For those craving theater during the pandemic, even watching Hamilton on Disney+ may feel like an odd if not exuberant substitute for the truer experience of a live performance. Theaters across the country have also dipped their toes into the streaming sphere by creating podcasts with recorded plays for hungry audiences to enjoy while safely social distancing at home. But for The Parsnip Ship, the audio drama is not some ersatz experience; instead, it’s an accessible and pure artform unto itself, one that began a life years before COVID-19 and plans to stick around long afterward.
Podcasts are certainly trendy, and their use for theater, as NPR reported, seems ignited during this live performance-less time. Nonetheless, Iyvon Edebiri, host and artistic director of The Parsnip Ship, saw potential in this medium as a way to not only tailor the experience of playgoing (and play-hearing) but also use it to open up opportunities and increase access.
“It started as a passion project; my business partner and I said we want to hear radio plays and bring back that format,” Edebiri said. She soon considered that if this podcast was going to become a reality, then the question became, “who am I going to support? I didn’t want to support the white American theater, so my focus then became how can I support people of color, playwrights of color? How can I support queer playwrights, female playwrights who are not produced on the American stage but definitely should be?”
Since its launch in the spring of 2015, The Parsnip Ship has produced five seasons of new work and 42 episodes, each as unique as the writers behind them. The artists featured in the podcast’s growing roster include Billions’ Daniel K. Isaac, Oscar nominee Jose Rivera and Tony winner Tonya Pinkins. But while starry names certainly decorate The Parsnip Ship’s many episodes, the podcast is also used as a leverage for new writers.
“We feature plays by emerging and underrepresented and underproduced writers,” Edebiri shared. These works were (in pre-COVID times) presented for free in front of a live audience on a monthly basis, but the evening promised more than just a single reading of a play. “We curate, along with audio theater, an evening with musicians to go along with the vibe of the play, and we finish with a playwright Q&A.”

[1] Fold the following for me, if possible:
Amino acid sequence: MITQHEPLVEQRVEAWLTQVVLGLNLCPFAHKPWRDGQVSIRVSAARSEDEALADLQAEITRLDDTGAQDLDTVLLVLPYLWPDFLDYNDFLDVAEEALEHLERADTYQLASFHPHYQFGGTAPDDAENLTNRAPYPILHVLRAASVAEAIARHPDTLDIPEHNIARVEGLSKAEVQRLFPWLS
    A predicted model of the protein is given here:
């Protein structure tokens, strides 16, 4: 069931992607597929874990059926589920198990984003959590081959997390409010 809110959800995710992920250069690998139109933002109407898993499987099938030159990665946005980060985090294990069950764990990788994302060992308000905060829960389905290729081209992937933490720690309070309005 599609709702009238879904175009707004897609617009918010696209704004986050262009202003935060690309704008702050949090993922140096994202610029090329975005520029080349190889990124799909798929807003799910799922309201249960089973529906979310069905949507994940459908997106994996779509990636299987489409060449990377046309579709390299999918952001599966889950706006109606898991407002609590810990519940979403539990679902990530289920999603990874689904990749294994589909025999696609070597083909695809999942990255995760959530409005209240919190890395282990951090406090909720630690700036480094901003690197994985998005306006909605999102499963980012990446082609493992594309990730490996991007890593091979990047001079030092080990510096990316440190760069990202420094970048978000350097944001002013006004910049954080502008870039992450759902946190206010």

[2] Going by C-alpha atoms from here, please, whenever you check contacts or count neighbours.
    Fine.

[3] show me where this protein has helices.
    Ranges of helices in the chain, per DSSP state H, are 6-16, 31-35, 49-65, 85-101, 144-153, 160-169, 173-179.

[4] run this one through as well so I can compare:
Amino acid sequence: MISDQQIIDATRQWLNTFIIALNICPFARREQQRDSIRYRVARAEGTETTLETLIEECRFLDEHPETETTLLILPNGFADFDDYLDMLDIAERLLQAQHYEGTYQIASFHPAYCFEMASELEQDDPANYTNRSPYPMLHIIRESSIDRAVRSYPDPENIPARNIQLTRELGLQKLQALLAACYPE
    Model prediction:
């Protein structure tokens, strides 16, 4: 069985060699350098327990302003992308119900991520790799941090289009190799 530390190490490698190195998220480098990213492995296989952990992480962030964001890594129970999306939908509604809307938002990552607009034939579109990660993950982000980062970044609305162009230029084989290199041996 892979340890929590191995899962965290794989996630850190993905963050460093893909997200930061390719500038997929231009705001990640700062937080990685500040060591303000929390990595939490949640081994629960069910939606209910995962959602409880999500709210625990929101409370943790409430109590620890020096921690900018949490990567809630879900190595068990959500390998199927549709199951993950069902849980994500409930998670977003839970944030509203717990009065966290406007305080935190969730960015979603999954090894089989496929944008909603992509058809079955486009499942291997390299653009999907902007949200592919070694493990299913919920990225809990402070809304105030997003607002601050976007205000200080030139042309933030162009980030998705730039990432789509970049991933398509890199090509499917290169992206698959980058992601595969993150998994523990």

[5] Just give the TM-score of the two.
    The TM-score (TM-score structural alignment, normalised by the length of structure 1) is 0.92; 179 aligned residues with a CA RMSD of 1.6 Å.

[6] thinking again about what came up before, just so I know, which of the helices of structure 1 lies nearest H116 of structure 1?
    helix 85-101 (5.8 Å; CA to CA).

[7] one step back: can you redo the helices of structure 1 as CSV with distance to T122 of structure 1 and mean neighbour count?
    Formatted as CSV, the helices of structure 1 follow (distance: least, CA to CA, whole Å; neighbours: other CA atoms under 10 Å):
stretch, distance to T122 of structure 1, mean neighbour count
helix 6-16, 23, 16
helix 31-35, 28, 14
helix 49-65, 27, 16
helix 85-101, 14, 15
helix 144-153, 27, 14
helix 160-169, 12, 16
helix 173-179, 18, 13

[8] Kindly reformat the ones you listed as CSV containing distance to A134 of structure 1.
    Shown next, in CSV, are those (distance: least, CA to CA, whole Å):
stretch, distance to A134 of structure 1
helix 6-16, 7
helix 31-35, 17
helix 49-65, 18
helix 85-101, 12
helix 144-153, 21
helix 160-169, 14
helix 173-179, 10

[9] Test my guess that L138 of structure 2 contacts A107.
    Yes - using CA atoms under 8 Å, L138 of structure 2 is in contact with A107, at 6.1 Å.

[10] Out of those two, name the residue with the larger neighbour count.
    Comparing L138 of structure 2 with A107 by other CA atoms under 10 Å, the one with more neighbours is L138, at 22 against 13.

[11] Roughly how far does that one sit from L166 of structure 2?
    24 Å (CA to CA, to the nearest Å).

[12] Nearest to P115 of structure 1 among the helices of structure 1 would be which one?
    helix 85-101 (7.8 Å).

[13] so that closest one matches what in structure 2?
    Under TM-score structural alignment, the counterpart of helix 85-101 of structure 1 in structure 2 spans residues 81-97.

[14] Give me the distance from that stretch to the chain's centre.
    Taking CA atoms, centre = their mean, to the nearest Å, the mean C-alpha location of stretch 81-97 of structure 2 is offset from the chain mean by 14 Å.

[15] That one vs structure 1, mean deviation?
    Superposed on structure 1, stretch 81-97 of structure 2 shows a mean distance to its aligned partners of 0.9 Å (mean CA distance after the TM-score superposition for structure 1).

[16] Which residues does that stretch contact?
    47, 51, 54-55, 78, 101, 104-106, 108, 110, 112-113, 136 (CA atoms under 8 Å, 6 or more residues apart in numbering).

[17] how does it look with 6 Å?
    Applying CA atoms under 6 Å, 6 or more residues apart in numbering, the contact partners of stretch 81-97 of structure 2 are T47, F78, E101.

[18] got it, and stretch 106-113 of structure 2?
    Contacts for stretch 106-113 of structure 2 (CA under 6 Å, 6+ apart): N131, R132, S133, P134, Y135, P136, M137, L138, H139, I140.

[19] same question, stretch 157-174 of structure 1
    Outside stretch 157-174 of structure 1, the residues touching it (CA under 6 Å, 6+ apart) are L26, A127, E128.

For the past two years, The Parsnip Ship has mostly performed, hosted, and recorded its plays at the Mark O’Donnell Theater at the Actors Fund Arts Center in downtown Brooklyn, a space that was the beneficial byproduct of a connection to Edebiri’s peer who was seeking more programmatic use in that theater. “We are so grateful and thankful for that space because they have been nothing but kind and warm and gracious,” Edebiri said of the Mark O’Donnell Theater, whose green room also plays host to The Parsnip Ship’s new writers group where emerging artists build radio plays and discuss “the relationship between text and sound,” Edebiri said.
This relationship is nothing new, but the last thing The Parsnip Ship wants is for live audiences and at-home listeners to associate the form with old norms. “Although radio and audio dramas have such a strong background in the US and the UK specifically, it is important to branch out of those paradigms,” Edebiri said. “I find that some people think they can’t access audio plays because they were written by old British guys. Try and do your research, and have fun doing your research: there are comedic audio plays there are horror ones; there are ones without love, there are ones about queer love. And we’re not there yet because it is still so white, male-dominated, so it’s important for people to see how we can support the stories of BIPOC artists and women and queer folks.”
This paradigm shift of whose stories get told—and how, in this digital realm—is at the core of the podcast’s mission. It’s also something Edebiri hopes newcomers to the field take into account when the world returns to some kind of normalcy.
With theaters now closed, Edebiri feels institutions “can’t do all of this [podcast work] as a way of self-preservation, and when we come back and can gather you take it away. It has to be an investment,” she said. “People are like, ‘Radio plays? That’s not real theater.’ But now it has to be, so now foundations and grants actually have to put money into artist development in the digital space—and that needs to be sustained post-COVID.”
Beyond The Parsnip Ship’s work in uplifting fresh writers, it also creates art for multiple streaming apps, breaking down the economic and geographic barriers for enjoying theater. “It is one of the most accessible forms—we have fans in India, fans in Hong Kong whom I’ve never met, but they say, ‘I love it,’” Edebiri said. Currently they’re streaming live broadcasts weekly through Facebook LIVE.
“I got an email from someone who was in the UAE, in Dubai, and they were telling me how much they love Parsnip and the queer plays we have,” she shared. “With brick and mortar theater, that is hard to do; you can’t take it all around the world, that’s expensive. This is free and accessible, and changing lives.”